Because the Presidential election is so far away, and there is only so much news to report, one of the current punditry themes involves questioning the conventional campaign wisdom.
The question I like best right now involves how much of an advantage Bush’s war chest really is.
In an article in the NYT the other day, Kerry spokesman, Michael Meehan, was quoted as saying: “The roadside of American politics is littered with candidates who raised the most money.”
I think the President’s war chest has already begun to show its lack of significance (and, even possibly, disadvantage).
The best example is Bush’s first set of campaign commercials (an investment of between $4 -6 million). Of course, with the antagonism the 9/11 families are feeling toward the Administration over the 9/11 commission, and with Kerry and the Democrats in a “take-no-prisoners” mood, the Trade Center imagery in the ads made for an “easy” point of contention.
What’s more interesting, however, is how these costly commercials continue to unravel. The latest flap, reported by Newsweek, involves the use of actors–rather than the real thing–to play New York City firemen.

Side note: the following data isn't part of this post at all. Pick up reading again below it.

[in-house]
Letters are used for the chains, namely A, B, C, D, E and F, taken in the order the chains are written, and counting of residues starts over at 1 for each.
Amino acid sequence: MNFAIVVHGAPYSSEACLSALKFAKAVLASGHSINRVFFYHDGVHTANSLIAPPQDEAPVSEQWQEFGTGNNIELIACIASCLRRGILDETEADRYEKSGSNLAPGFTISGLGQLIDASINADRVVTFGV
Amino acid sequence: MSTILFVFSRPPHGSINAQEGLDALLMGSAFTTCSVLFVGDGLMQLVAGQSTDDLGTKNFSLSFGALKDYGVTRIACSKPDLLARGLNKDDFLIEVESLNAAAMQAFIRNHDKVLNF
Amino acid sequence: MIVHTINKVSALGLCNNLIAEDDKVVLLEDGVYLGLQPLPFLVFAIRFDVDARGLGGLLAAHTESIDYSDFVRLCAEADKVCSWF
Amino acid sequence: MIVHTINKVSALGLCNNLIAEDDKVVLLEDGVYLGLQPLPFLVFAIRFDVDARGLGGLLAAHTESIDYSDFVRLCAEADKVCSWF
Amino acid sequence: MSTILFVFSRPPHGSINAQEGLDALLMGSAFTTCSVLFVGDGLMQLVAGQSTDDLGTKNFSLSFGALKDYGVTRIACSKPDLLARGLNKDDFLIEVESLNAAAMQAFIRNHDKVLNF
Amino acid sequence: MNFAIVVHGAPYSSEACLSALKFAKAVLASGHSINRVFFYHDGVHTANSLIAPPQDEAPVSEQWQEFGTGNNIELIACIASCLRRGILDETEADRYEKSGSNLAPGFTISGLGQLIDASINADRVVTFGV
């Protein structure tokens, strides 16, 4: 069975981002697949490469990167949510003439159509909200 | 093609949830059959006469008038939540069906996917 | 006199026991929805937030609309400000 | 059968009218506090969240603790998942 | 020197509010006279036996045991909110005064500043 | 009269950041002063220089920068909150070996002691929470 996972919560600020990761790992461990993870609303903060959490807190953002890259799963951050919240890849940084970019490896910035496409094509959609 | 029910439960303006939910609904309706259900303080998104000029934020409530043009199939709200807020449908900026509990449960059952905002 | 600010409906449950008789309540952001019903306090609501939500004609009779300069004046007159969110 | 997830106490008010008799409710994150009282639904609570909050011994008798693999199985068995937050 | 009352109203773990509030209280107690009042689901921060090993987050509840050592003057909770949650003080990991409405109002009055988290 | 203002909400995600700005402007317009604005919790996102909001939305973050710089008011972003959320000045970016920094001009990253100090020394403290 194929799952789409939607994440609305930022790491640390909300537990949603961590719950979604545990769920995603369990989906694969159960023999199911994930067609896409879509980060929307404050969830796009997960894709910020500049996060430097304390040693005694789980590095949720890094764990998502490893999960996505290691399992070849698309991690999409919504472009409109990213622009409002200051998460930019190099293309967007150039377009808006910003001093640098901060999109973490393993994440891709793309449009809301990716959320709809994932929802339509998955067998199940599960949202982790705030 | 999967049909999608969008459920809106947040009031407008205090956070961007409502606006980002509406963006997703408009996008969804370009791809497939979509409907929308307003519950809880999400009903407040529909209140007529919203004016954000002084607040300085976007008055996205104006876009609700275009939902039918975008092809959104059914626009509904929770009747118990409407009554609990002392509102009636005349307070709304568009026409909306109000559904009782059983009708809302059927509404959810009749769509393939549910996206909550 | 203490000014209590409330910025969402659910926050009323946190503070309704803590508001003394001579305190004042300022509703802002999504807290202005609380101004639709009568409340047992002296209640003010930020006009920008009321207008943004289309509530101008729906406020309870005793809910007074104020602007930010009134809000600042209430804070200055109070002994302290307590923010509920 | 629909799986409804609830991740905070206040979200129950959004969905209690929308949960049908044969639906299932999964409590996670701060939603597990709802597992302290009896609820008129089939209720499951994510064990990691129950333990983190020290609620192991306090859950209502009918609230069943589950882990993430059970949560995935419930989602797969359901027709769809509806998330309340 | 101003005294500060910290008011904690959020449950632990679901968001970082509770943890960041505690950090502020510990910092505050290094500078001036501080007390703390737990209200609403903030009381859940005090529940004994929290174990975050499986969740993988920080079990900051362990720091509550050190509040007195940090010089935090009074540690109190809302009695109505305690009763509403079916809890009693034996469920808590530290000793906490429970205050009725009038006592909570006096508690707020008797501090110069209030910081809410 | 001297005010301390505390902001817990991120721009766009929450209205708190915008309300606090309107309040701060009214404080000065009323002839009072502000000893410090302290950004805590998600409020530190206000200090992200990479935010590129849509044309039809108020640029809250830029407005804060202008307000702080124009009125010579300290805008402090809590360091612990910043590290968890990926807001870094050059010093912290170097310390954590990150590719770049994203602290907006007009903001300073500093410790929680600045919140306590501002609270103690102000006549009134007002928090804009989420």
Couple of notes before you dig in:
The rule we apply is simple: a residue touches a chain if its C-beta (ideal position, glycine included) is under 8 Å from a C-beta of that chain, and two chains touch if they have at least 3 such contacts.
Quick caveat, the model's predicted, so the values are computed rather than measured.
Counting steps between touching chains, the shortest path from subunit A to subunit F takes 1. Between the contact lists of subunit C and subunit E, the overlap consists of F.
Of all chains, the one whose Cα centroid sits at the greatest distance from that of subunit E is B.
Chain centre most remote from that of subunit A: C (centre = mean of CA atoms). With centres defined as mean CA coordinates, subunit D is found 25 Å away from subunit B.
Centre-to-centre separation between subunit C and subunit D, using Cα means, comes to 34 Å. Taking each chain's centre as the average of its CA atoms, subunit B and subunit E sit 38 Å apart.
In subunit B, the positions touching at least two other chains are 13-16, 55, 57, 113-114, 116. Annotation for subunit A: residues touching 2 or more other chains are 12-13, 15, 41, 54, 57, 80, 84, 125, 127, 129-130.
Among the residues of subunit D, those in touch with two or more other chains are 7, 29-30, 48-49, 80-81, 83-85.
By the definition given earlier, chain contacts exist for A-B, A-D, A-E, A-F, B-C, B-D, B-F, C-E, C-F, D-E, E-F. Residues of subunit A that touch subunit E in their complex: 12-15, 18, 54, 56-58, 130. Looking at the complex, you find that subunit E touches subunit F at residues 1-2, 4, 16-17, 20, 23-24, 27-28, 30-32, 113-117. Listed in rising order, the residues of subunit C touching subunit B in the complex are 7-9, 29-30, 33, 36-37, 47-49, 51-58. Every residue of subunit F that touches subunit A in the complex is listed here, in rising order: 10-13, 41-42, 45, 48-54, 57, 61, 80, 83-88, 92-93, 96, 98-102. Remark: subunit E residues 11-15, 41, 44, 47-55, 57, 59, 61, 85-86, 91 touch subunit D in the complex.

It would be a typical “knee-jerk” reaction to accuse Bush and Co. of using actors, but I don’t think the practice is that unusual. What is significant, I believe, is why people would be attracted to this information right now. It’s significant because of how beautifully it reveals Bush’s interest in symbols at the expense of the things they symbolize.
At a time when the public is taking a more unvarnished look, it shows how much Bush is an act.